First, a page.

A number of South Africans have fallen victim to online retailer scams over the holiday season, with many paying for products that never arrived.
MyBroadband has received a number of complaints regarding fake online stores that purport to sell products at attractive discounts but leave consumers in the dark after purchases are made.
One such store is called Markdown Marvin, which has been the target of complaints about not delivering goods to customers once purchased.
The company’s website has since been taken offline, but it previously offered a range of products, from PlayStation consoles to high-end TVs.
A MyBroadband reader reached out to us regarding this retail scam after ordering a new PlayStation 4 console for R5,999 from Markdown Marvin on 16 November.
The reader received an email confirming their order, along with FNB account details and a request that payment was made to the retailer before the order could be processed.
Upon making the payment, however, the retailer fell silent and did not respond to requests for updates on the order.
Widespread complaints and criminal case
Visiting the HelloPeter page for Markdown Marvin shows that this reader was not the only one to fall victim to this scam.
“I ordered a Hisense TV on their Website, was sent an email confirming that they have stock, gave me an order number and requested that I EFT into an FNB bank account,” one customer said.
“I paid the money, and never received any further communication from them after the funds have been paid. Their website can’t be reached now and the contact numbers don’t work.”
“Ordered my PS5 in October and was promised delivery on the 19th of November. It never came and they no longer reply to emails or WhatsApps and the phone line is dead,” said another.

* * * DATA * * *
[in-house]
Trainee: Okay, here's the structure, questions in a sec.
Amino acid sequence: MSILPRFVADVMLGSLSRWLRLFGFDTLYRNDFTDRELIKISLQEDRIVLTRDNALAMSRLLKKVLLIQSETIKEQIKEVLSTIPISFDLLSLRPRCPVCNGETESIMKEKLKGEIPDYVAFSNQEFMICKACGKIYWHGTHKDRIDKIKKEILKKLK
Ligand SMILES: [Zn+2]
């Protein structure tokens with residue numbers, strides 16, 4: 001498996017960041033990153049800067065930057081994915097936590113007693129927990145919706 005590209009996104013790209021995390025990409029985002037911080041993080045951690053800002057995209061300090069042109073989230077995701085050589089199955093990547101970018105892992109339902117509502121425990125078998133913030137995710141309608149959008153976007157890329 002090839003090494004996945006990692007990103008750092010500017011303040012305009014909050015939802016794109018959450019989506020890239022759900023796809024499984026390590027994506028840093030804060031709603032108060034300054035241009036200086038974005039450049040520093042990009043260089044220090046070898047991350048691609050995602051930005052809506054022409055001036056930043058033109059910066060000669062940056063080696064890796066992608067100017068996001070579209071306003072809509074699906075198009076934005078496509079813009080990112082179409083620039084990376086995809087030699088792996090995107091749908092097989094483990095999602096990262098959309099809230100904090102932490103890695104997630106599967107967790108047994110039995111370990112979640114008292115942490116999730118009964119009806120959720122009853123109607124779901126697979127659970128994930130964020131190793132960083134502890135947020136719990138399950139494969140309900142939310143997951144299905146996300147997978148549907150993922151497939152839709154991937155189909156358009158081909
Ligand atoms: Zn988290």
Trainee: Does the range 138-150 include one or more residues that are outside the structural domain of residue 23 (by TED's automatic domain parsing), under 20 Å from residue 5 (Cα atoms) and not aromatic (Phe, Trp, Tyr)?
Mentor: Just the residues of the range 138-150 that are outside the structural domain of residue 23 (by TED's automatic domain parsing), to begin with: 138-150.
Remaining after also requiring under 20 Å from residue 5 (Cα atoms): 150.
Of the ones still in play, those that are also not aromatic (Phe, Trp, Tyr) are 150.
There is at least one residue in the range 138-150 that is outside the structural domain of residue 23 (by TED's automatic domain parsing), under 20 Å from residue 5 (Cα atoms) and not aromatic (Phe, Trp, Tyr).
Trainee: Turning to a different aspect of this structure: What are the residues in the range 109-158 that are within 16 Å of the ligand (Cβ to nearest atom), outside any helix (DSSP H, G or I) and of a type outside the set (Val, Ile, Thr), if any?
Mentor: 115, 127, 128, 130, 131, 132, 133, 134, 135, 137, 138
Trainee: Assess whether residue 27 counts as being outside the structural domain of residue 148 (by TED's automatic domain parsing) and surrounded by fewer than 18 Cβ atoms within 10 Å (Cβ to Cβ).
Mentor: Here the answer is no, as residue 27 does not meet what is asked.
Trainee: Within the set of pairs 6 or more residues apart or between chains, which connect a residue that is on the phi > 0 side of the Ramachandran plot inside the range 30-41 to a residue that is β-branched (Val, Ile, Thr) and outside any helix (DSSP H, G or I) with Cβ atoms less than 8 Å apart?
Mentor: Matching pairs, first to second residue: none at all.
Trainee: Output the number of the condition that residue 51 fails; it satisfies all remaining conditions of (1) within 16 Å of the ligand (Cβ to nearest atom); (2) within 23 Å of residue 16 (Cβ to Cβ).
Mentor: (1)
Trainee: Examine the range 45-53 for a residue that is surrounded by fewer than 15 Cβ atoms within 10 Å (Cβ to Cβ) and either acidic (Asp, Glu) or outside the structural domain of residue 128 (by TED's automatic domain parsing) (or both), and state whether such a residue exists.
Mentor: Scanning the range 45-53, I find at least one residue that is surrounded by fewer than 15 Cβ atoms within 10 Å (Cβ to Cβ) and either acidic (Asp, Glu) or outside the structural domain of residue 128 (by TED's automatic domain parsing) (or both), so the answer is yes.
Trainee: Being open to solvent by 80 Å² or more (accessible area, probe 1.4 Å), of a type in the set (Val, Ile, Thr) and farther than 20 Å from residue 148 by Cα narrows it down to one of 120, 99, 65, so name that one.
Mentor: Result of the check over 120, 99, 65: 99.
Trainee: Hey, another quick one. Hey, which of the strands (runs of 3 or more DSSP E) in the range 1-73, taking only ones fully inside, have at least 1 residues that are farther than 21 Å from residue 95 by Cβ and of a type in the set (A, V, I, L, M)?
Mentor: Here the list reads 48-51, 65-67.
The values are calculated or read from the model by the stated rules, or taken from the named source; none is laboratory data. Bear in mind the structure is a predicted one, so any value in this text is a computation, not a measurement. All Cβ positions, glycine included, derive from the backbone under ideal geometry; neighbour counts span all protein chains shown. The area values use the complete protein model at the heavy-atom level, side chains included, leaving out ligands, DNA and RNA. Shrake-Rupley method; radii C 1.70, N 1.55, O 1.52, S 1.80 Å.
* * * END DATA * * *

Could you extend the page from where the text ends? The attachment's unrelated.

The affected MyBroadband reader contacted FNB regarding the fraud.
The bank confirmed that its fraud department had been notified of the issue and that it would work with the police to investigate the month-old account that had received the payment.
Unfortunately, the payment could not be reversed as the funds had already been removed from the account when the reader realised they had fallen victim to a scam.
FNB told MyBroadband it is aware of the incident and a hold was placed on the fraudulent bank account used by Markdown Marvin, although unfortunately, the funds could not be recovered.
“The Bank will cooperate with the SAPS in their investigation into this matter,” FNB said. “We have a zero-tolerance approach to any incidents of fraud or illegal activity.”
“As part of our standard fraud prevention measures, FNB proactively monitors accounts to identify suspicious activity.”
“When fraud is detected, swift action is taken to block the account and recover funds,” it added.
The bank said that in some instances, fraudsters use stolen or synthetic identities to open bank accounts, which can delay the detection and closing down of fraudulent accounts.
It noted that fraud is a global concern in the financial services industry urged customers to be wary of products being sold online and requests made for direct deposits.
“Independent verification and research into the supplier or other party should always be conducted,” FNB said.
“Customers can also use the Verify Owner tab on FNB Online Banking to ensure that the name of the supplier accords with the account number provided.”
FNB said that due to client confidentiality, it could not provide any further details on the matter.
MyBroadband reached out to Markdown Marvin for comment but did not receive a response by the time of publication.
Increase in online retail scams
This case is part of a larger trend in South Africa where fraudsters open fake online stores to scam local buyers over the festive season.
In September 2020, a MyBroadband reader complained they had experienced the same problem when attempting to purchase an item from a new retailer called Zulu-Tech.
The purchase was made on 7 September 2020, and the customer said they received an email the next day which said the delivery would take place between 14 and 21 September 2020.
They never received their order, however, and the Zulu-Tech website has since been taken offline.
The South African Banking and Risk Information Centre (SABRIC) also issued a warning ahead of the Black Friday and festive shopping seasons late last year, stating that South Africans should only shop at reputable online stores.
“Be wary of unfamiliar e-commerce sites, especially if they do not redirect you to confirm your transaction via your bank’s 3D secure page or via your own bank’s mobile app before you pay,” it said.
Furthermore, when using a reputable site, he also recommended that you do not store your payment details – such as the information on a bank card.
This would prevent criminals from getting your card details, in case your login details were compromised.